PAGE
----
Spring 2000 (C)

       Sources who know bin Laden later claim that bin Laden's stepmother has a second meeting with her son Osama in Afghanistan (see Spring 1998). The trip is approved by the Saudi royal family. The Saudis pass the message to him that “ ‘they wouldn't crack down on his followers in Saudi Arabia’ as long as he set his sights on targets outside the desert kingdom.” In late 1999, the Saudi government had told the CIA about the upcoming trip, and suggested placing a homing beacon on her luggage. This doesn't happen—Saudis later claim they weren't taken seriously, and Americans claim they never received specific information on her travel plans. [New Yorker 11/5/01; Washington Post 12/19/01]
          

Summer 2000

       Anonymous government sources later claim that Atta visits fellow hijackers Nawaf Alhazmi and Khalid Almihdhar, and suspected al-Qaeda advance man and possible Saudi agent Omar al-Bayoumi (see August 1994, December 4, 1999, Early February 2000, and November 22, 2002). These same sources claim al-Bayoumi is identified after September 11 as an “advance man” for al-Qaeda. [Washington Times 11/26/02] Other reports have suggested Atta visited Alhazmi and Almihdhar in San Diego (see Summer-December 2000), but the FBI has never confirmed this. [Congressional Inquiry 7/24/03]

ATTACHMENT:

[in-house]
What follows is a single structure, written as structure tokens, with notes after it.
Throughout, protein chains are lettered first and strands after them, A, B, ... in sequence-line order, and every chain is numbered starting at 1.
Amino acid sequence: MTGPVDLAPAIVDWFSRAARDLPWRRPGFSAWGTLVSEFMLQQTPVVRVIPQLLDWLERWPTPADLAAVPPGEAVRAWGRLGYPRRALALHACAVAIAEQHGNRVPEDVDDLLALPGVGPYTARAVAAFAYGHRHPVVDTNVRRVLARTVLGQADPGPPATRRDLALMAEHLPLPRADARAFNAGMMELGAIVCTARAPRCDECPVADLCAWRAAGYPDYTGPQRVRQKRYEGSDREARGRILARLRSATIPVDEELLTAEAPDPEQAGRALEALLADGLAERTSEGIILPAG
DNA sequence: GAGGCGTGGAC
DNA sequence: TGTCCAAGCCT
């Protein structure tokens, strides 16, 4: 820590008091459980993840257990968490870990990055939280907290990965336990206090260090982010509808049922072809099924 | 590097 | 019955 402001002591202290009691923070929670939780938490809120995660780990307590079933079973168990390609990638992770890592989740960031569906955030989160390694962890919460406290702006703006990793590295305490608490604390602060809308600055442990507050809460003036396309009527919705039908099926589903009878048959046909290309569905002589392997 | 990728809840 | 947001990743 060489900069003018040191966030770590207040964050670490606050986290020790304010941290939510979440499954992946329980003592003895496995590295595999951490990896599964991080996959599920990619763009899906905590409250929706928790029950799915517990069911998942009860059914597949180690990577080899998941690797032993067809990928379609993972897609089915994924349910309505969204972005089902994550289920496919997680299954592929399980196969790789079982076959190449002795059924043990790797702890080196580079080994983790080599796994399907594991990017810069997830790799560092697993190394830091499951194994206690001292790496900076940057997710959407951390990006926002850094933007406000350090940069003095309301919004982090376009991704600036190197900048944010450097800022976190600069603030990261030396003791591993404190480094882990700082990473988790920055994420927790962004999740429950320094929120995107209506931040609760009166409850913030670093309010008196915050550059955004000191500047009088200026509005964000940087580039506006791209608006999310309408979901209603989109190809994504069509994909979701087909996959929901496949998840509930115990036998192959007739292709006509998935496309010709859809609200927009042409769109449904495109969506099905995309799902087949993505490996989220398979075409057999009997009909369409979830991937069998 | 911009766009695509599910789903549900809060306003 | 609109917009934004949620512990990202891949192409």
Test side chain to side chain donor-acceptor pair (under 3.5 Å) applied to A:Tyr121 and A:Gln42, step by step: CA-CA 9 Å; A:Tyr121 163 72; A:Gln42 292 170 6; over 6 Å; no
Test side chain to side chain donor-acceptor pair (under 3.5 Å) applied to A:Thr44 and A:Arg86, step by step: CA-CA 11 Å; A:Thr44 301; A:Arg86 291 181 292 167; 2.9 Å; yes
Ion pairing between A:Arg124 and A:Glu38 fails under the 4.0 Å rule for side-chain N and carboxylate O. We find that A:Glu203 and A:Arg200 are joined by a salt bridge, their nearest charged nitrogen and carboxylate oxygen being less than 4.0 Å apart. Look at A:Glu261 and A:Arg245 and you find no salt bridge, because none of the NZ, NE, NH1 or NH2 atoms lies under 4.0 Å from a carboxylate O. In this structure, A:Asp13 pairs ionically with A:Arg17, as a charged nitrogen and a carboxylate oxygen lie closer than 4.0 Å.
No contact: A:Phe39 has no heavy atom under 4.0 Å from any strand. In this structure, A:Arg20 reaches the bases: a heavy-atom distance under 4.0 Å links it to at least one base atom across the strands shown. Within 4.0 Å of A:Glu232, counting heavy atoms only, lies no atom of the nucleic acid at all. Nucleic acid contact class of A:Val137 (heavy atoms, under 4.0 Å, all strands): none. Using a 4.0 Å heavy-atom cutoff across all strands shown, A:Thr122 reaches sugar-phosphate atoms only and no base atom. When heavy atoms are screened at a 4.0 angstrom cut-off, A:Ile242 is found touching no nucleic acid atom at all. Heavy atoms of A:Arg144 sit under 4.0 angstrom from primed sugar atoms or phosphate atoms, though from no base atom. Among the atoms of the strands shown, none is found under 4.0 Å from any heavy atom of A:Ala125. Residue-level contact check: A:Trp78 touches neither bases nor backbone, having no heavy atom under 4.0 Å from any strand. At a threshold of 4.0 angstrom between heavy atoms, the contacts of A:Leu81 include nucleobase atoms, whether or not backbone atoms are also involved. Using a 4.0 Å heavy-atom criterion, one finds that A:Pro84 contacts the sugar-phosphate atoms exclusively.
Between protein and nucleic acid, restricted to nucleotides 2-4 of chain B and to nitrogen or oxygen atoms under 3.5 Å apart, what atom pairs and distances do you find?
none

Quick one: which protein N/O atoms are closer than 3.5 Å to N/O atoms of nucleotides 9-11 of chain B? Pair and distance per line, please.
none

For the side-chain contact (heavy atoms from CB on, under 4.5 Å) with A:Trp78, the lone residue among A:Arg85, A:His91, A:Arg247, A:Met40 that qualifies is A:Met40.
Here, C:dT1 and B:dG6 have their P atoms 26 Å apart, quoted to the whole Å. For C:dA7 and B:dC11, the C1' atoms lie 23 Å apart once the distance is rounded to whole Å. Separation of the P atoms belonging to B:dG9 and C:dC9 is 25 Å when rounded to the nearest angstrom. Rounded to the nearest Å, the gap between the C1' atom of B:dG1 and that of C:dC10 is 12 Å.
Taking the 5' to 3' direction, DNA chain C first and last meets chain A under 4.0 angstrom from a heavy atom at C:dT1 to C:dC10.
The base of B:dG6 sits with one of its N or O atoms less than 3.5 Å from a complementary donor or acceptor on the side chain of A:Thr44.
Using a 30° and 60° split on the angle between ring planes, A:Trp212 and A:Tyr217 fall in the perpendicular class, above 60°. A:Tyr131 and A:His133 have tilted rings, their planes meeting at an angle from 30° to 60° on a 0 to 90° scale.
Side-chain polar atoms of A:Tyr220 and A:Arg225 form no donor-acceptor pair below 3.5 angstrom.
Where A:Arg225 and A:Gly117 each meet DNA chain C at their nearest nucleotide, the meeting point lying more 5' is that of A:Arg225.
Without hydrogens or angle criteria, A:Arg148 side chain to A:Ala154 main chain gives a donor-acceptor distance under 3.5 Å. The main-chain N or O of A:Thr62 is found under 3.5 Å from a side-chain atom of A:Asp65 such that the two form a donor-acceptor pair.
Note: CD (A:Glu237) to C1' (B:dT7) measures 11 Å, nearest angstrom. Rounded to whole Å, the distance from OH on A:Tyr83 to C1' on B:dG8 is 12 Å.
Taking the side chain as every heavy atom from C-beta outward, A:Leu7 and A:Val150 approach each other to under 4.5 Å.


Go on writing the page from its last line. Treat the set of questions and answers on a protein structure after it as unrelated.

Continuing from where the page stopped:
Mid-July 2001 (B)

       John O'Neill, FBI counter-terrorism expert, privately discusses White House obstruction in his bin Laden investigation. O'Neill says: “The main obstacles to investigate Islamic terrorism were US oil corporate interests and the role played by Saudi Arabia in it.” He adds: “All the answers, everything needed to dismantle Osama bin Laden's organization, can be found in Saudi Arabia.” O'Neill also believes the White House is obstructing his investigation of bin Laden because they are still keeping the idea of a pipeline deal with the Taliban open. [CNN 1/8/02; CNN 1/9/02; Irish Times 11/19/01; Bin Laden: The Forbidden Truth]
          

Late January 2001

       The BBC later reports, “After the elections, [US intelligence] agencies [are] told to ‘back off’ investigating the Bin Ladens and Saudi royals, and that anger[s] agents.” This follows previous orders to abandon an investigation of bin Laden relatives (see September 11, 1996), and difficulties in investigating Saudi royalty. [BBC, 11/6/01] [FTW] An unnamed “top-level CIA operative” says there is a “major policy shift” at the National Security Agency at this time. Osama bin Laden could still be investigated, but agents could not look too closely at how he got his money. [Best Democracy Money Can Buy] Presumably one such investigation canceled is an investigation by the Chicago FBI into ties between Saudi multimillionaire Yassin al-Qadi and the US embassy bombings (see August 7, 1998) and other terrorist acts, because during this month an FBI agent is told that the case is being closed and that “it's just better to let sleeping dogs lie”(see October 1998). Reporter Greg Palast notes that President Clinton was already hindering investigations by protecting Saudi interests. But, as he puts it, “Where Clinton said, ‘Go slow,’ Bush policymakers said, ‘No go.’ The difference is between closing one eye and closing them both.” [Best Democracy Money Can Buy]
          

February 2001 (B)